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Dusting for fingerprints

DiZinno and Falsetti Receive Funding For National Center To Increase Numbers Of Medical Examiners and Coroners

Joseph DiZinno, Associate Professor, Forensic Science Program, and Anthony Falsetti, Associate Professor, Forensic Science Program, received $2,000,000 from the U.S. Department of Justice for a project aimed at: 

  • Providing medico-legal learning opportunities for medical students to train as deputy medical examiners/coroners in underserved rural areas; 
  • Providing forensic science and legal training to district attorneys, judges, and law enforcement;  
  • Developing opportunities, as appropriate, among the designated partners to benefit current and future practitioners in the field. 

Mason, in partnership with the National Institute of Justice (NIJ), the American Society for Clinical Pathology (ASCP), and the National Association of Attorneys General (NAAG), and Law and the Montana Forensic Science Division and the Team's affiliates, the University of Washington Schools of Medicine and Law (UW), will first conduct a needs assessment of medical examiners/coroners, prosecutors, judges, and law enforcement, including those in rural areas, to identify gaps in forensic science and legal training. Next, the Team will use this data to work closely with its team members and affiliates to develop trainings for medical students and doctors and legal training to district attorneys, judges, and law enforcement in order to develop opportunities, as appropriate, among the designated partners to benefit current and future medical examiners, coroners, prosecutors, judges, and law enforcement personnel.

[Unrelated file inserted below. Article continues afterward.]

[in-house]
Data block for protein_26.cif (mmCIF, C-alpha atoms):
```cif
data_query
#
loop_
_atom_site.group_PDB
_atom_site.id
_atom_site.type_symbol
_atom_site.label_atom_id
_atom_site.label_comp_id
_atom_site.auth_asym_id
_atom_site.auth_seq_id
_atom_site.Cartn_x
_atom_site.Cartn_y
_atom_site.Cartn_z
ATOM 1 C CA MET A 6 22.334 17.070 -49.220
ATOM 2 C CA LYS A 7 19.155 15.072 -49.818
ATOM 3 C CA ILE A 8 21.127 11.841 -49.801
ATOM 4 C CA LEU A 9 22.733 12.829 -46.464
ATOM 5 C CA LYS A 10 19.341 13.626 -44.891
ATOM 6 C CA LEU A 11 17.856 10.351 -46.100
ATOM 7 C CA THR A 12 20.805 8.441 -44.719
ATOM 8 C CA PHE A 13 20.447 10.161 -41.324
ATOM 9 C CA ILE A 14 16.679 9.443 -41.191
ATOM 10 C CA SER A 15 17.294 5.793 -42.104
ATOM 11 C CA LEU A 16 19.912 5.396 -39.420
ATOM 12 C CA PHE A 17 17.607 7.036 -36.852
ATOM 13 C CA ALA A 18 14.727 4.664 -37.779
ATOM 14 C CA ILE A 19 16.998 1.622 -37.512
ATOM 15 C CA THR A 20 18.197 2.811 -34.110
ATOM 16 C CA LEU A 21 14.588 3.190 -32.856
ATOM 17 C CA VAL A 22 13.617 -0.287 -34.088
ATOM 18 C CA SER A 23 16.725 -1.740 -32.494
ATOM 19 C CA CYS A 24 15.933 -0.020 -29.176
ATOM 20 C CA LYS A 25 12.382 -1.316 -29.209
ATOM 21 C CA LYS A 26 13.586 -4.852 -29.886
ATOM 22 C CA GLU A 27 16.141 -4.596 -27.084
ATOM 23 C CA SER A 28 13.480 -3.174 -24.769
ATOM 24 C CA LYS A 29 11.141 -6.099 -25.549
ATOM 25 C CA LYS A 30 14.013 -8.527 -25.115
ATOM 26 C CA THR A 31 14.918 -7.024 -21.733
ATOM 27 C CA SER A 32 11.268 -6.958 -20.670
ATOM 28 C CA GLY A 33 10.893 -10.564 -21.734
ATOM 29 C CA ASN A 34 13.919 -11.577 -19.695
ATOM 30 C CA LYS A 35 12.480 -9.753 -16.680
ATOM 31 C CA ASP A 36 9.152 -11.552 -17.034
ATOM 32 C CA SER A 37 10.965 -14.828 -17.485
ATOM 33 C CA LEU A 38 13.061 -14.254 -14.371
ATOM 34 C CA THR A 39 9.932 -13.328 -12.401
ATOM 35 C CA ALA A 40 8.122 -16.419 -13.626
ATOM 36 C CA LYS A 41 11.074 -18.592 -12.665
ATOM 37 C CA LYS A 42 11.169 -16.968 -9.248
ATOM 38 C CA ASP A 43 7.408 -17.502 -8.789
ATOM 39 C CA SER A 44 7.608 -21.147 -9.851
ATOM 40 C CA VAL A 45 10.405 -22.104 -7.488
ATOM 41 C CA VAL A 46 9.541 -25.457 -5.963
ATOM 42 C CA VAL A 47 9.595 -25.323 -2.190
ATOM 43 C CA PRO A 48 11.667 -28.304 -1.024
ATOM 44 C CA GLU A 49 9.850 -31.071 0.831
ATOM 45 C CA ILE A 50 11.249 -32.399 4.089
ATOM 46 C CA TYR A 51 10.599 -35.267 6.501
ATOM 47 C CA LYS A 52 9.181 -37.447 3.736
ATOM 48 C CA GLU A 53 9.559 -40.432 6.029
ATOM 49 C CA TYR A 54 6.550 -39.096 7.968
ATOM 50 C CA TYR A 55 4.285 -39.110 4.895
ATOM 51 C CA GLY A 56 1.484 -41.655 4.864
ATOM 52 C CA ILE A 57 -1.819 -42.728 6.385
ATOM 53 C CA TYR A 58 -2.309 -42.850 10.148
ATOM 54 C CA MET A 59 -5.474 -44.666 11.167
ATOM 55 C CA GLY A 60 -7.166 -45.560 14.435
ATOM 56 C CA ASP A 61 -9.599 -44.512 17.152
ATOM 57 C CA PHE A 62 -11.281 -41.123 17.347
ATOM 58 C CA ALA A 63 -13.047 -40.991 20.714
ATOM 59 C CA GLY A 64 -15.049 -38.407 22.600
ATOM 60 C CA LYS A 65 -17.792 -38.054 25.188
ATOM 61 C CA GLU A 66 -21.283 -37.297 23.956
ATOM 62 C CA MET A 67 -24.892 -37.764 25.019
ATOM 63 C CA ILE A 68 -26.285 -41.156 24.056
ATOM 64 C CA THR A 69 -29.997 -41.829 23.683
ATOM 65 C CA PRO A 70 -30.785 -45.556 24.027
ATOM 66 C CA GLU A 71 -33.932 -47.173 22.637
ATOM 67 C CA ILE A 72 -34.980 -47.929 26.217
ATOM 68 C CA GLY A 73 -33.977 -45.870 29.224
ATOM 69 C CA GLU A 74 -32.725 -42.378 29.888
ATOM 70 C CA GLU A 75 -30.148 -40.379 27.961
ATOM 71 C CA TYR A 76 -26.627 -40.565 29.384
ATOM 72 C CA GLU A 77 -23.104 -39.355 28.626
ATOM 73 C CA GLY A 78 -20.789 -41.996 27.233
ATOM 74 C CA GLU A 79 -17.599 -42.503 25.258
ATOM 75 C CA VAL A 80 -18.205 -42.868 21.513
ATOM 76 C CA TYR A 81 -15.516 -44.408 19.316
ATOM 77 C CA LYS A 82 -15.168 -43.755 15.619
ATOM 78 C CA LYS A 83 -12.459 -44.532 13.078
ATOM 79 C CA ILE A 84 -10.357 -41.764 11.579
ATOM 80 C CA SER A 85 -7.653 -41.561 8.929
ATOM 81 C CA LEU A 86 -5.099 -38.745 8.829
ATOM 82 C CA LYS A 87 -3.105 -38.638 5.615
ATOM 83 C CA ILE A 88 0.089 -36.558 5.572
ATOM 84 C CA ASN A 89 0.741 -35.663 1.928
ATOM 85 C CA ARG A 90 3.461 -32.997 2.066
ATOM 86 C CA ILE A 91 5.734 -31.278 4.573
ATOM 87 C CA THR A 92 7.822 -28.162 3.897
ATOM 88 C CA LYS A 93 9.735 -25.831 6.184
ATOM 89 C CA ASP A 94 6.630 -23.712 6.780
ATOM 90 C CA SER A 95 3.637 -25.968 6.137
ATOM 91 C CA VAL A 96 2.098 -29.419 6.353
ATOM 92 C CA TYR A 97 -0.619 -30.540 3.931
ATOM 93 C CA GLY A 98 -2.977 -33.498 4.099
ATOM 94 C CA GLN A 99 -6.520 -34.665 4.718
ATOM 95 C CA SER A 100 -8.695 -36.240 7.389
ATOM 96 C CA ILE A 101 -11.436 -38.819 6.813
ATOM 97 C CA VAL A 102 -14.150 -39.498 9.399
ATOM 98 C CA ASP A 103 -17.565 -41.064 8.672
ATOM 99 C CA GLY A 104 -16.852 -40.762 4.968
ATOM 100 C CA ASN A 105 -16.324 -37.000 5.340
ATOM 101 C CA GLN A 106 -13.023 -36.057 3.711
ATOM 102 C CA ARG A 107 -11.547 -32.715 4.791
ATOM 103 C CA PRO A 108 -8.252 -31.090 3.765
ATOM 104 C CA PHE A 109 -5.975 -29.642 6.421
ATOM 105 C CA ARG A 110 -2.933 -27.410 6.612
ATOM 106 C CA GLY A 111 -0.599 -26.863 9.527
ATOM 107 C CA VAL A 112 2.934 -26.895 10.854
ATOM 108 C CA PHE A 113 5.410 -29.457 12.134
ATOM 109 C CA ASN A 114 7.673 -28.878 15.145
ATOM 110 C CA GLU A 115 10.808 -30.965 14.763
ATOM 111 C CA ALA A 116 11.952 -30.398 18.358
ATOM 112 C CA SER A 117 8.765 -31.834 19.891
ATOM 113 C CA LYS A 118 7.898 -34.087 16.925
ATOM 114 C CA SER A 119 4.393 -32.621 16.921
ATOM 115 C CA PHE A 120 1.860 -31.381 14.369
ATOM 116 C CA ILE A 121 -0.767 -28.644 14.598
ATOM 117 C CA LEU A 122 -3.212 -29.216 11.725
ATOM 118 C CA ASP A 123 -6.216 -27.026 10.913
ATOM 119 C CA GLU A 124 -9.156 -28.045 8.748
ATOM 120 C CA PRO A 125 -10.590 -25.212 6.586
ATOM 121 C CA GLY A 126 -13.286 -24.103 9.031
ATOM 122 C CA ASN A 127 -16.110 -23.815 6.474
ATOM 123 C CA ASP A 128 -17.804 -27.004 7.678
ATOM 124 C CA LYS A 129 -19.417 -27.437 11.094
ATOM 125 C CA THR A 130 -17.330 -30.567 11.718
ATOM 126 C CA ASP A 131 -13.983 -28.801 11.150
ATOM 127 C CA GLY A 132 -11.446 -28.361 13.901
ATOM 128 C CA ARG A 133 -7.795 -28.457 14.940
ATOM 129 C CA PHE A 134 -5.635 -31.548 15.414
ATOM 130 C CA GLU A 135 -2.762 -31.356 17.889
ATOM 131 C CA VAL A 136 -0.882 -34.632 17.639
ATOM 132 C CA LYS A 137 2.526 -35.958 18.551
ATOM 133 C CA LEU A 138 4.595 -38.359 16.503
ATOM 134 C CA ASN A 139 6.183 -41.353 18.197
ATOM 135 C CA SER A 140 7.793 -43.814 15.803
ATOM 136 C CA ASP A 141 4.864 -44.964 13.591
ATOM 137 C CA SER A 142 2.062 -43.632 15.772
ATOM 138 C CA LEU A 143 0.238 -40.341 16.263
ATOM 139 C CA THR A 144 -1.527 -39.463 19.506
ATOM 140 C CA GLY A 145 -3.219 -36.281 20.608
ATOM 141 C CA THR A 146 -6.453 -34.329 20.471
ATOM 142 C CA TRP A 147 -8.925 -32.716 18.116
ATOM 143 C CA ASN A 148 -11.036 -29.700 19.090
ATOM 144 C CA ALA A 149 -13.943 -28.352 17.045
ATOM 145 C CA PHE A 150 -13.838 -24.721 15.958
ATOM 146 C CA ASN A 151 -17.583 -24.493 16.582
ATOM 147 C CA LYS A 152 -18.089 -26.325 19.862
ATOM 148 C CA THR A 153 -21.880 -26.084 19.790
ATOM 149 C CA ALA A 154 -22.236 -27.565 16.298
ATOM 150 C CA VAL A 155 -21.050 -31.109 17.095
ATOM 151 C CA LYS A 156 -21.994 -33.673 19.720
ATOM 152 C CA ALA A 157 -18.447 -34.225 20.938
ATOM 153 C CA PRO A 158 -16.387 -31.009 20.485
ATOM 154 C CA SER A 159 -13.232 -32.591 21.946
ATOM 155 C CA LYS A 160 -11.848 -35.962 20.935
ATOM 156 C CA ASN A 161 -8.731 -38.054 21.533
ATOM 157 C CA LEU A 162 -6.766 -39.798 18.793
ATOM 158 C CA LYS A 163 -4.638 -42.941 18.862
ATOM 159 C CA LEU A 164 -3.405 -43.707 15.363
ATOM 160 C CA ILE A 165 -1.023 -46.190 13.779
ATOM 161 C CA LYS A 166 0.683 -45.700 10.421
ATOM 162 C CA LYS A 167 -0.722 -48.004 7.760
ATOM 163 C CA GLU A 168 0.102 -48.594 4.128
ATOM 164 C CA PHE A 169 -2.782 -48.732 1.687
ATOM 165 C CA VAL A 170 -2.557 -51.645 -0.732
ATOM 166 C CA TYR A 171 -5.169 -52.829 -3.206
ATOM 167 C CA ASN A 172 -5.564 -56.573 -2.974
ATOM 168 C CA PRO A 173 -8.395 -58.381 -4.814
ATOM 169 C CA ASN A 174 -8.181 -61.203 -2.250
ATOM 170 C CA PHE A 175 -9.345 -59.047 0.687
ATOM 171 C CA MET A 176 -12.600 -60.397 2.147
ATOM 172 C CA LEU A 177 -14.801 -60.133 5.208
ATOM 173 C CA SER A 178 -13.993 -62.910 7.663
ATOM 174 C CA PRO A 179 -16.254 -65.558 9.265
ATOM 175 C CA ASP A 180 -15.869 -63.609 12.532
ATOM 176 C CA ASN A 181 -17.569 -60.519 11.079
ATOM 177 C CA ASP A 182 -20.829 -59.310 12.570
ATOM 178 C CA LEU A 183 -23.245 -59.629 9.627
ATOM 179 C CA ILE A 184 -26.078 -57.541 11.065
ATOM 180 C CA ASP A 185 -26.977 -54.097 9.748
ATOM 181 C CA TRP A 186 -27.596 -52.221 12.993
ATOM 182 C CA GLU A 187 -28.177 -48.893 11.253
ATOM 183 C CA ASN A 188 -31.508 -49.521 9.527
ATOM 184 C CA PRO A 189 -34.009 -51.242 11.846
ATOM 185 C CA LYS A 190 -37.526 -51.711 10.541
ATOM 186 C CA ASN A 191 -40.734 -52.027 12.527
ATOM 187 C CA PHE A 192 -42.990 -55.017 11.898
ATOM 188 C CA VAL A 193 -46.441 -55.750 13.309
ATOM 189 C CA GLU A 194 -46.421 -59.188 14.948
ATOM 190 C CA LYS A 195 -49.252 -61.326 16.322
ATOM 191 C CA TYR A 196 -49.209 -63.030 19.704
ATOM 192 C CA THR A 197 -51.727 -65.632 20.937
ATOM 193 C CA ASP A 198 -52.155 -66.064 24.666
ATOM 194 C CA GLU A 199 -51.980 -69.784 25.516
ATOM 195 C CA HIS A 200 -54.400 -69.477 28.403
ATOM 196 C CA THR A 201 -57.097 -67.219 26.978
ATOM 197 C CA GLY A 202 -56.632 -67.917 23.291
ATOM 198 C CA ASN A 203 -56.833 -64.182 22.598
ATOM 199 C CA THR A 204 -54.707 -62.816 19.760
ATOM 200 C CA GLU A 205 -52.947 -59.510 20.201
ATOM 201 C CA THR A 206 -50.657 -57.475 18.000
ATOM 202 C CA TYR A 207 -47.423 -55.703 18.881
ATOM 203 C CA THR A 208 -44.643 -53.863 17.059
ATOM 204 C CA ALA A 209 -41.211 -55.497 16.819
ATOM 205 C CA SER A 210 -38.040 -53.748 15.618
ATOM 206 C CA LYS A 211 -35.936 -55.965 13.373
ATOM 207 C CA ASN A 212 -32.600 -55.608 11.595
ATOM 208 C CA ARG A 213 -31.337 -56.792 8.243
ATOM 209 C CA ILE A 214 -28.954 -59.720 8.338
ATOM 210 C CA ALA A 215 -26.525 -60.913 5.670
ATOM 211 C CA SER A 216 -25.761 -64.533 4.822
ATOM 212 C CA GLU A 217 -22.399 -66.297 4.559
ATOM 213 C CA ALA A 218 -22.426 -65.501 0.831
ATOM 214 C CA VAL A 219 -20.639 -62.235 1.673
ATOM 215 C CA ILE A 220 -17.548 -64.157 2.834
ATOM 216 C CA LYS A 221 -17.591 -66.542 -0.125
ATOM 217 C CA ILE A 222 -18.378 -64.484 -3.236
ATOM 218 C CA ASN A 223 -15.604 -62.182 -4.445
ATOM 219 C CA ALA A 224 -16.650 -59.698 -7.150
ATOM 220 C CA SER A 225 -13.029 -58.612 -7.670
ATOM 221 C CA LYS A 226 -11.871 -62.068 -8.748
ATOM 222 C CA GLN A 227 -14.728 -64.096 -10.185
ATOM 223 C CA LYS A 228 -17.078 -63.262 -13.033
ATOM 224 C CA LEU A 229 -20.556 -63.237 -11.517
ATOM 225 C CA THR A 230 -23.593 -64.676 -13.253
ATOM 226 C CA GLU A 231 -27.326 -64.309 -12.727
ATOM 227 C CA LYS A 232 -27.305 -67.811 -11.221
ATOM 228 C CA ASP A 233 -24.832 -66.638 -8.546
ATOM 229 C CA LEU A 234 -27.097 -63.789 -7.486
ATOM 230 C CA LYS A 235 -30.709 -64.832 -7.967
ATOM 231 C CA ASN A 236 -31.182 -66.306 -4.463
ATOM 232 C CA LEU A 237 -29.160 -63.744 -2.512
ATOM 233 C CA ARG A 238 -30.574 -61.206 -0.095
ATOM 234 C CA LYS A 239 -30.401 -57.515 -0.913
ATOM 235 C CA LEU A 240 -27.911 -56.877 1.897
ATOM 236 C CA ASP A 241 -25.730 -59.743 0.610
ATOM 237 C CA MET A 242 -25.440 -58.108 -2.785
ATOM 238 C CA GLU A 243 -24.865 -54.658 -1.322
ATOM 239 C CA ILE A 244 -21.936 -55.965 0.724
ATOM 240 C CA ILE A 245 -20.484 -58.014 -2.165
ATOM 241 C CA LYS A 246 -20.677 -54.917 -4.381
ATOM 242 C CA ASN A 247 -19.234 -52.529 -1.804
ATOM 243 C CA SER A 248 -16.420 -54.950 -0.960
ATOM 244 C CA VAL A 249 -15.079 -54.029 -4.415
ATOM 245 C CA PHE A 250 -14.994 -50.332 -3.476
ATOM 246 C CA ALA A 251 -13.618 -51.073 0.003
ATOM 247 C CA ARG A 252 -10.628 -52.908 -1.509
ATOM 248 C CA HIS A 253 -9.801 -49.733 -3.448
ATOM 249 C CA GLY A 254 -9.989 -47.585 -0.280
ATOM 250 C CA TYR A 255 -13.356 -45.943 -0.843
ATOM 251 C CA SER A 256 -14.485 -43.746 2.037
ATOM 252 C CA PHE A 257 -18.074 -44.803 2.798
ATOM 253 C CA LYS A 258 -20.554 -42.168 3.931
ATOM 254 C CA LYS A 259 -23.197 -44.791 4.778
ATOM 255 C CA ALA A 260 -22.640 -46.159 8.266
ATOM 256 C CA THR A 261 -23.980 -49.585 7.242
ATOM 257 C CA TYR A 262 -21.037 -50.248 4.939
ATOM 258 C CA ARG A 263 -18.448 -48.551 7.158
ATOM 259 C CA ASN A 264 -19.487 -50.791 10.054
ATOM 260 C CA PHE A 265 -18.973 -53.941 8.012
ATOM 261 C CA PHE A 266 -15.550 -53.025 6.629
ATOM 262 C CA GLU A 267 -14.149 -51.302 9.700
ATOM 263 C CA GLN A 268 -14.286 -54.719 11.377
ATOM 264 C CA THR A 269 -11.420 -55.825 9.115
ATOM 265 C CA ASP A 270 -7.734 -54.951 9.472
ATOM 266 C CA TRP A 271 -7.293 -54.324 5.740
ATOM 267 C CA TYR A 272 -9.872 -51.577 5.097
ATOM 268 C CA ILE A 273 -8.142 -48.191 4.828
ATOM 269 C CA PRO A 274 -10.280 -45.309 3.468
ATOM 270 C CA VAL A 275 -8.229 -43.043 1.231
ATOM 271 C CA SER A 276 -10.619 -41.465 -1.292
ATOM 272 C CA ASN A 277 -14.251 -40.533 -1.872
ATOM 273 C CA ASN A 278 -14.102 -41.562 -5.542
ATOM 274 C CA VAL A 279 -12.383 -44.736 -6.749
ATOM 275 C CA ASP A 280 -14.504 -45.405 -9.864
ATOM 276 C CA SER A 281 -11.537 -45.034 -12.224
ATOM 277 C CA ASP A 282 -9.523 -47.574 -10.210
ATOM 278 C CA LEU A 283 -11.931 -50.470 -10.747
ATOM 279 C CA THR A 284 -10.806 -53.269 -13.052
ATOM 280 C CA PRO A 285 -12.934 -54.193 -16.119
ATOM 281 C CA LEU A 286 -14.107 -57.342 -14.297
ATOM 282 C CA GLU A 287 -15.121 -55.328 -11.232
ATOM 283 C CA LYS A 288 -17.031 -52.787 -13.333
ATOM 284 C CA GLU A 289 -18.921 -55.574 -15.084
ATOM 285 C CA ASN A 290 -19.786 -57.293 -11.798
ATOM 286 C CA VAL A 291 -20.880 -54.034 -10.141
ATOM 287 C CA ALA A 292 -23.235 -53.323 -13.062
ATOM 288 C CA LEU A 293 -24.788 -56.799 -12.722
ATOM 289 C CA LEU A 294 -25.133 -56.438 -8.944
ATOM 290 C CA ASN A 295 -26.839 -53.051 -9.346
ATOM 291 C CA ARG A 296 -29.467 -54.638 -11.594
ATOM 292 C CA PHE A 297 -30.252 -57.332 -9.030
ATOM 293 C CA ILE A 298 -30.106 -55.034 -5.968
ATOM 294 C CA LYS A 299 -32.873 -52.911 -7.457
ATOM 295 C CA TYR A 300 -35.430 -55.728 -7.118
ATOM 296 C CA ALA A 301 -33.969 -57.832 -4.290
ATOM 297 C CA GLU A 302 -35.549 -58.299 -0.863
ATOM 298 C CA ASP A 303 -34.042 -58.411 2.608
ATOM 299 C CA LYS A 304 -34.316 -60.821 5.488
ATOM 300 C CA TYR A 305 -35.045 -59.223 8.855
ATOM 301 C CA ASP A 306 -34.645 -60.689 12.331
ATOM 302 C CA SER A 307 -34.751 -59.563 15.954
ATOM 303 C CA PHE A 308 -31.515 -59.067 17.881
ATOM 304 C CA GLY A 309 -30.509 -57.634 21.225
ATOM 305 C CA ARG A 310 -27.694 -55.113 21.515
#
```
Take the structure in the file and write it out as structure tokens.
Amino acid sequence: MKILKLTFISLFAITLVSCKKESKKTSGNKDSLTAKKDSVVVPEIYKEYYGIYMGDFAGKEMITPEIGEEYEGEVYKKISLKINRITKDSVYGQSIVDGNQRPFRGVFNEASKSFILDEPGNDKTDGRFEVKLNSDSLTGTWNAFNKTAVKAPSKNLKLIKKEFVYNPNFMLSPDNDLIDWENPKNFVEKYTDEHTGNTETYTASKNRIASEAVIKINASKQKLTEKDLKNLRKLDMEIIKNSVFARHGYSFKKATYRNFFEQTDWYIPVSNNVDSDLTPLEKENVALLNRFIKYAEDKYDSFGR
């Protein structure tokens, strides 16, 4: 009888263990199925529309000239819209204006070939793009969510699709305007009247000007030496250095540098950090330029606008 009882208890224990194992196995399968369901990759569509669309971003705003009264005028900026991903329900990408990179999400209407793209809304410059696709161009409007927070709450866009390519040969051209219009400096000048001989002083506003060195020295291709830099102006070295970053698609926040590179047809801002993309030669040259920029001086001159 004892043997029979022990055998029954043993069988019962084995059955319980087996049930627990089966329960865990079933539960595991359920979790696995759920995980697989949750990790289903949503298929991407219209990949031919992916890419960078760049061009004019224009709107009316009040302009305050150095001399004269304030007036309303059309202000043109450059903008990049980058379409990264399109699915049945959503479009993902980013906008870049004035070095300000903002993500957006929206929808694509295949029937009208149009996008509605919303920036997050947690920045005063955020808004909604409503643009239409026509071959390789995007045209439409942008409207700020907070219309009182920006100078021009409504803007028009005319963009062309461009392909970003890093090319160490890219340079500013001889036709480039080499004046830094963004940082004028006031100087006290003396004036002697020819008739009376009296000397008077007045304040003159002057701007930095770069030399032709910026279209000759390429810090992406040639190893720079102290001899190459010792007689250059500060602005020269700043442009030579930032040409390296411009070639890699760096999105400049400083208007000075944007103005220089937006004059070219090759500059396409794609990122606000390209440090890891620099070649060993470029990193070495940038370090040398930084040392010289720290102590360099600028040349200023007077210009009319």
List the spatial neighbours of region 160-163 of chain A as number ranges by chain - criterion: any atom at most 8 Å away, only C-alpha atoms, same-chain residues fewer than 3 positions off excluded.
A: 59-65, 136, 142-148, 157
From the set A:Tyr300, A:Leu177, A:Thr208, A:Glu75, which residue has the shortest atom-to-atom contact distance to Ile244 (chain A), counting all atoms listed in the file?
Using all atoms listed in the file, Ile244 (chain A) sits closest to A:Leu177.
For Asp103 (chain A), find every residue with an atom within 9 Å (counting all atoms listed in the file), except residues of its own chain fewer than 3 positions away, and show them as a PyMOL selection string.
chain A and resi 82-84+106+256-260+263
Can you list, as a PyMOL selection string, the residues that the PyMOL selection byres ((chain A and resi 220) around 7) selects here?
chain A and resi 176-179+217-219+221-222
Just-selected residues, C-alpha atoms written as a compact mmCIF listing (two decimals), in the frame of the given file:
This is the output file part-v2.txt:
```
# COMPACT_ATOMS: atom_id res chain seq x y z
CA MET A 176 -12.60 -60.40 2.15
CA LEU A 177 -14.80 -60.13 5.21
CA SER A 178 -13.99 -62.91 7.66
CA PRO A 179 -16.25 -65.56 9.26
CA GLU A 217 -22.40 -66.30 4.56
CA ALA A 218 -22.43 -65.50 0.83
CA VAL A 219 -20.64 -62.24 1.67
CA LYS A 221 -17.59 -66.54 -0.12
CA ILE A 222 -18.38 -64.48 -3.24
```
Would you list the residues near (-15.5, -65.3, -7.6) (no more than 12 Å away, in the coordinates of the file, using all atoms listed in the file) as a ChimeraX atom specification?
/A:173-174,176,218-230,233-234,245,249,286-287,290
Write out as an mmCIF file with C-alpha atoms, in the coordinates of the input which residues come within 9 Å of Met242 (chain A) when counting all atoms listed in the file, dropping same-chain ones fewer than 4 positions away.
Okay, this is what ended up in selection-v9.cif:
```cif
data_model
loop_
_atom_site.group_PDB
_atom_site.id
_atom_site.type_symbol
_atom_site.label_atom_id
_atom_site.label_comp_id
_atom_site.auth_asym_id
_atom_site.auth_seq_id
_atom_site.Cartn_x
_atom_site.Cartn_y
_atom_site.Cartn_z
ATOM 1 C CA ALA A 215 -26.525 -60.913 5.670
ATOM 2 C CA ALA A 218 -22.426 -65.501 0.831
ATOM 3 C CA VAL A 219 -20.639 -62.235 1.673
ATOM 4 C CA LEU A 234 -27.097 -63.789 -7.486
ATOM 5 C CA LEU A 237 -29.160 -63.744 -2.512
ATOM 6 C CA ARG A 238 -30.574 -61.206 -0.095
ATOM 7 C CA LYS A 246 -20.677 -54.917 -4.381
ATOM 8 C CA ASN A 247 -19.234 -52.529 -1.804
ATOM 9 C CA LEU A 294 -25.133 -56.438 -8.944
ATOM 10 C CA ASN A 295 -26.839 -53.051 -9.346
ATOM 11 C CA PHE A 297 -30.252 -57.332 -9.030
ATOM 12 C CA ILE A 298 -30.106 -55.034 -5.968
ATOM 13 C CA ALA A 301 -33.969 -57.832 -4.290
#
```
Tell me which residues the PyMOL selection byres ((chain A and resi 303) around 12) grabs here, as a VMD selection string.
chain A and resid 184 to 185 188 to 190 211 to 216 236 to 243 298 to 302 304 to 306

“George Mason University is honored to partner with the National Institute of Justice and our partners and affiliates to serve as a national resource to raise awareness about and address the shortage of Medical Examiners and Coroners particularly in rural areas. By increasing the number of forensic pathologists and by training the Medical Examiner, Coroner and Legal communities, the National Center on Forensics will directly impact the criminal justice system’s ability to determine if crimes have been committed and ensure that the guilty are held accountable and the innocent are not unfairly charged or convicted,” DiZinno said. 

Funding for this project began in January 2021 and will end in late December 2023.